THOMAS FARRELL AHEARN – As the head of the prominent undertaking firm in Northampton with which three generations of his family have now been associated, Mr. Ahearn continues these policies established by the concern at the outset of adopting distinctively modern methods in the exacting usages of his profession, and of meeting the requirements of neighborhood and community in all matters that pertain to thoroughness and excellence in the direction of funerals. With this aim in view, Mr. Ahearn has brought to his aid the practical results of his training in schools and general experience, and his plant is equipped with every convenience for the methodical work of the undertaker of today. of a family known for industry and for able workmanship in their various callings, he is a representative of three generations of the branch of his name who have resided in the western part of the State. (I) James Ahearn, grandfather of Mr. Ahearn and the son of Maurice and Honora Ahearn, was born in Keleagh, County Cork, Ireland, October 2, 1810, and died October 17, 1899, in Sunderland, Massachusetts, where he first settled when he came to the United States in 1852. He then resided at Mount Toby on the Shepherd estate, where he was engaged in preparing lumber. He later removed to the Plumtrees section of Sunderland, where he was a farmer to the time...

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Biography of Frank Edward Dow

FRANK EDWARD DOW, M. D. – Dow is one of the oldest family names known in England. It goes back to the beginning of the use of family names. The American family traces its ancestry back to: (I) John Dow, who died at Tylner, Norfolk County, England, in July, 1581, and mentioned in his will two brothers, William and Thomas, and three children, Thomas, John and Edith. (II) Thomas Dow was born in Tylner, and lived afterward in Runham, Norfolk. He married Margaret (surname unknown) and had children: Henry, of further mention; Christopher; and two daughters. (III) Henry Dow, son of Thomas Dow, was born in County Norfolk, England, and lived at Runham. He married Elizabeth and their children were: Thomas, of further mention; Henry, born about 1608, and settled in Hampton, New Hampshire; and Edward; Mary; Francis; and William. (IV) Thomas Dow (2), son of Henry Dow, was the immigrant ancestor, an early settler of Newbury, Massachusetts, admitted freeman June 22, 1642. He bought a house and land in Newbury in 1648, and removed to Haverhill, where he died May 31, 1654. His nuncupative will was dated May 29, 1654, and proved February 2, 1656. He married Phoebe (surname unknown), and they were the parents of John, of further mention; Thomas; Stephen; Mary; and Martha. (V) John (2) Dow, son of Thomas (2) Dow, was born about 1640,...

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Biography of Daniel Doyle O’Brien

DANIEL DOYLE O’BRIEN – Sharing a successful practice in law in Northampton, and established in its increasing activities upon his own well-founded effort’, and ability, Mr. O’Brien is a member of that enterprising group of men in the professions and in business in this city who join their interests for the general civic welfare, and the promotion of all well-directed movement that indicates progress for the community. Gifted as a pleader in the courts, and possessing a thorough and very practical knowledge of all branches of the law, he is one of the leading men of the city who in their practice have followed their high estimate of the precepts of the profession. He is of a hardy stock who have done much in the course of their trades to build and to beautify the Northampton of the present day. His grandfather, Michael O’Brien, son of John and Ellen (Doyle) O’Brien, was born in 1815, in County Kerry, Ireland, and died October 27, 1895, in Holyoke. Coming to the United States in 1854, and settling in Massachusetts, he worked for a time on the State Hospital at Northampton; and later locating at Holyoke, he shared in the building of the dam. He at first lived on Cross Street, later building a house on Race Street, where he resided to the time of his death. He was employed in gardening...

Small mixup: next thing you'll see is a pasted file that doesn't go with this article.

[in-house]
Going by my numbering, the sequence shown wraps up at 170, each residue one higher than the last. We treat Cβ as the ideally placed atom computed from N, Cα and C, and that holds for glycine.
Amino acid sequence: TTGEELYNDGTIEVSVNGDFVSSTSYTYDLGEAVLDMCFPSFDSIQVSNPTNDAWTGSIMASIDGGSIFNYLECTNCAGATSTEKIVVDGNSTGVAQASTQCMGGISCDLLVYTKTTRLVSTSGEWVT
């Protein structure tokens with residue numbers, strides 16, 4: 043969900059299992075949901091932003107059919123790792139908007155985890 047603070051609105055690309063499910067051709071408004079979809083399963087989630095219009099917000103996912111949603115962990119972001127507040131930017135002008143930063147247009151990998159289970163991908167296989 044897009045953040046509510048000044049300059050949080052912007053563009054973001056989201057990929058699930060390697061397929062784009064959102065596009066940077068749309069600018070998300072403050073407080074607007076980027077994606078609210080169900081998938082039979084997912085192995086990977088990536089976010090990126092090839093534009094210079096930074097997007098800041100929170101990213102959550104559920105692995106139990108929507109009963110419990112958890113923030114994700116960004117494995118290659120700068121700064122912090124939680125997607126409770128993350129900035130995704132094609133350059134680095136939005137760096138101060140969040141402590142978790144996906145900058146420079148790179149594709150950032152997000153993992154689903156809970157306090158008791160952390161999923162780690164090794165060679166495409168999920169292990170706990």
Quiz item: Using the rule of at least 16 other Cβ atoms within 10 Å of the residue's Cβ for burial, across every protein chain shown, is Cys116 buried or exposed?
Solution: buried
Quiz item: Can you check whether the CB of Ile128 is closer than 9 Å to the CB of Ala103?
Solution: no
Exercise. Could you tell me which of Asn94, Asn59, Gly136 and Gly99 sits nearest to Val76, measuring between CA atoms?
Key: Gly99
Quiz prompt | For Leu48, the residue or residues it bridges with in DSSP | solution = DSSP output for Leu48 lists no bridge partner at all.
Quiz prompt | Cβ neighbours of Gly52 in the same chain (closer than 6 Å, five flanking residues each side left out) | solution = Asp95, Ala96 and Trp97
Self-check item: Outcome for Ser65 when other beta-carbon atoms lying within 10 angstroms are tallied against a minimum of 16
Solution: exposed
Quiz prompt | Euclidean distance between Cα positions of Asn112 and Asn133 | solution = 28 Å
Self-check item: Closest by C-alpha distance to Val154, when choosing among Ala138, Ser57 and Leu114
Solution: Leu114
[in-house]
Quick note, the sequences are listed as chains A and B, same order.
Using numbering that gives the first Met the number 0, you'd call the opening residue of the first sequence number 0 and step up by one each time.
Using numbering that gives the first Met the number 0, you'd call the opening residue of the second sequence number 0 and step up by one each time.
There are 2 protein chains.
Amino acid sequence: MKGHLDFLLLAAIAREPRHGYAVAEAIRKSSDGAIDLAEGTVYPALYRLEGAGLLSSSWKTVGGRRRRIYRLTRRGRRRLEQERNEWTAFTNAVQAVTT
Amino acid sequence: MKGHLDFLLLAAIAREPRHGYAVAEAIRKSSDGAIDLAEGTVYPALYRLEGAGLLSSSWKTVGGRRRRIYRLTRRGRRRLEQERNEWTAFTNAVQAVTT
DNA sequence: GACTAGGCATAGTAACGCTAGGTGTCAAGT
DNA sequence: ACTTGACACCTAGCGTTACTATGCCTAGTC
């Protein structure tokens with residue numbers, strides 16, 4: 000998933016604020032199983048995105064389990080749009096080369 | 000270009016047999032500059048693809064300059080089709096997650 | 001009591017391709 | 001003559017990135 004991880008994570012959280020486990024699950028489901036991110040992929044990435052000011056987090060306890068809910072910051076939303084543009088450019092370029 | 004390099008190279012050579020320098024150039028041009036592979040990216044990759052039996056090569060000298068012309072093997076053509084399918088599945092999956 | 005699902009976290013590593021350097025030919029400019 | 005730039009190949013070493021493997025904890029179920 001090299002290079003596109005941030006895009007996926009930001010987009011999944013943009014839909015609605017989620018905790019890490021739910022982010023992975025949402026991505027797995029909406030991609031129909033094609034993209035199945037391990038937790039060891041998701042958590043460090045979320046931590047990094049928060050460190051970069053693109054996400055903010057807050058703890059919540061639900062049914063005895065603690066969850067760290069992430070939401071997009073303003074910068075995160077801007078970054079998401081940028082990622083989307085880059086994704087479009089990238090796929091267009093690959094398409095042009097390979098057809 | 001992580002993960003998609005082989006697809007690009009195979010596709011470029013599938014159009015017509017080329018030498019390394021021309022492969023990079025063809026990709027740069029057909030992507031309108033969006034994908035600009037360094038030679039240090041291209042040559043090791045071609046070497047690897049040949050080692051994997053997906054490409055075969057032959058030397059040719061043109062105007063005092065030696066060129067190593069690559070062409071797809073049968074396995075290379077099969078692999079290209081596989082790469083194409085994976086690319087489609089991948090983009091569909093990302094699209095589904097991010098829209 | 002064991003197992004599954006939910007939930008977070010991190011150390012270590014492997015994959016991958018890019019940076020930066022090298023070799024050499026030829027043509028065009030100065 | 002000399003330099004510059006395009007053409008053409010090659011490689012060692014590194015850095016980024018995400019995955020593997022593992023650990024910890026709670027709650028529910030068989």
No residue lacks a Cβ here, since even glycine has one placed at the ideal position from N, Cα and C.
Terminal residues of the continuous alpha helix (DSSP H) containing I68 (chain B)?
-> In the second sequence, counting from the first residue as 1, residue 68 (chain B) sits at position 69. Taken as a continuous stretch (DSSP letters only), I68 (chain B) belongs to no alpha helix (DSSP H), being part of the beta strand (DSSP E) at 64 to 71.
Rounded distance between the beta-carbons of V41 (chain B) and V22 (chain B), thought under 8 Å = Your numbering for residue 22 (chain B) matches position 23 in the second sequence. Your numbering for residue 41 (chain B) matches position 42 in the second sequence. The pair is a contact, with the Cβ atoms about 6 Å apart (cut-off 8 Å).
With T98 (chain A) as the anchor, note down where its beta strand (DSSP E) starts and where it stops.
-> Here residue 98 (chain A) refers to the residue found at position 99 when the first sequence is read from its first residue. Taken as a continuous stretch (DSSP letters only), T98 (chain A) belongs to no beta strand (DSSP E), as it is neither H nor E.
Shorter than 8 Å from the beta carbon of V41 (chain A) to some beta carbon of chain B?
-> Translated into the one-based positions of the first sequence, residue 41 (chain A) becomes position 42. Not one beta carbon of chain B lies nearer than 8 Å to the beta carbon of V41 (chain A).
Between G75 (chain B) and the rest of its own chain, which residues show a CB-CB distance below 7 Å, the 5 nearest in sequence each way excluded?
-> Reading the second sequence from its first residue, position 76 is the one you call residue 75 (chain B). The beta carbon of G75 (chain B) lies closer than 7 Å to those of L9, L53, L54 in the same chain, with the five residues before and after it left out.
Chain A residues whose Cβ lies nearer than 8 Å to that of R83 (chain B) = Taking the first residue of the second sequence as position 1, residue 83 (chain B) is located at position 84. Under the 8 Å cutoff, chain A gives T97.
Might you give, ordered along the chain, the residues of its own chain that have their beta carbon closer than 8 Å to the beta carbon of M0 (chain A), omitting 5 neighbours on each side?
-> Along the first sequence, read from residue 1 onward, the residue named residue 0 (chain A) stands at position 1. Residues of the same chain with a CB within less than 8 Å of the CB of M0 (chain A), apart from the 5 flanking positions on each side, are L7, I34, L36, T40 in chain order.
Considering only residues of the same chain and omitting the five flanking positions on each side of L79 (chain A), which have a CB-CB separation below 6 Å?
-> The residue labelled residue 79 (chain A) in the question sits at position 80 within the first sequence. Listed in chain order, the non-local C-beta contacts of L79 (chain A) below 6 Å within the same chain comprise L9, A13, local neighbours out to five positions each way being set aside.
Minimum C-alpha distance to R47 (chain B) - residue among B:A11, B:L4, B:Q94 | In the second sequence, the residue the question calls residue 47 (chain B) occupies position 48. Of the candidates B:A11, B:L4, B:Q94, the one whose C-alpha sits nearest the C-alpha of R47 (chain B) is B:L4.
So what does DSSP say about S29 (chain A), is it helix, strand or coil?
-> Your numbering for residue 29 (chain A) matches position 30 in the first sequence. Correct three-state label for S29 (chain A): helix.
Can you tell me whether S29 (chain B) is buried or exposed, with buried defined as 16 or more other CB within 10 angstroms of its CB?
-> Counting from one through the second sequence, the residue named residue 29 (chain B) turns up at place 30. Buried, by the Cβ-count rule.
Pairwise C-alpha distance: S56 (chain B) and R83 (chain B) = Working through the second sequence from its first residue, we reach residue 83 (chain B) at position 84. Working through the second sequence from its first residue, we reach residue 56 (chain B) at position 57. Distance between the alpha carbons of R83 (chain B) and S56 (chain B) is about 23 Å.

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Biography of John Archie Grosier

JOHN ARCHIE CROSIER – The practical everyday history and proceedings of the district court of Hampshire County is the field of activity in which Mr. Crosier has been engaged as clerk since 1904, and during which period he has been a witness of the many remarkable changes that have taken place in the legal personnel and procedure. The most familiar leading figure in this long-established court, and one of the most erudite men in the profession as regards the local judicial customs and usages, Mr. Crosier is an official held in regard and honor in county and State by his colleagues and by the public in general. Industry, patriotism, and probity in all their business and social affairs have marked the generations of his family, whose early scions had much to do with establishing and with preserving the national fabric. The line of descent from the early comers is thus set forth: (I) Joseph Crosier was the immigrant ancestor; he is recorded as having resided in Dorchester, Roxbury and Dedham. (II) Lieutenant John Crosier, his son, who lived in the vicinity of Boston and was a blacksmith by trade, was born in 1750. He responded to the Lexington “Alarm” April 15, 1775, and was a lieutenant under Washington in the War of the Revolution. In 1788 he removed to Peru, Massachusetts, where he became one of the early settlers,...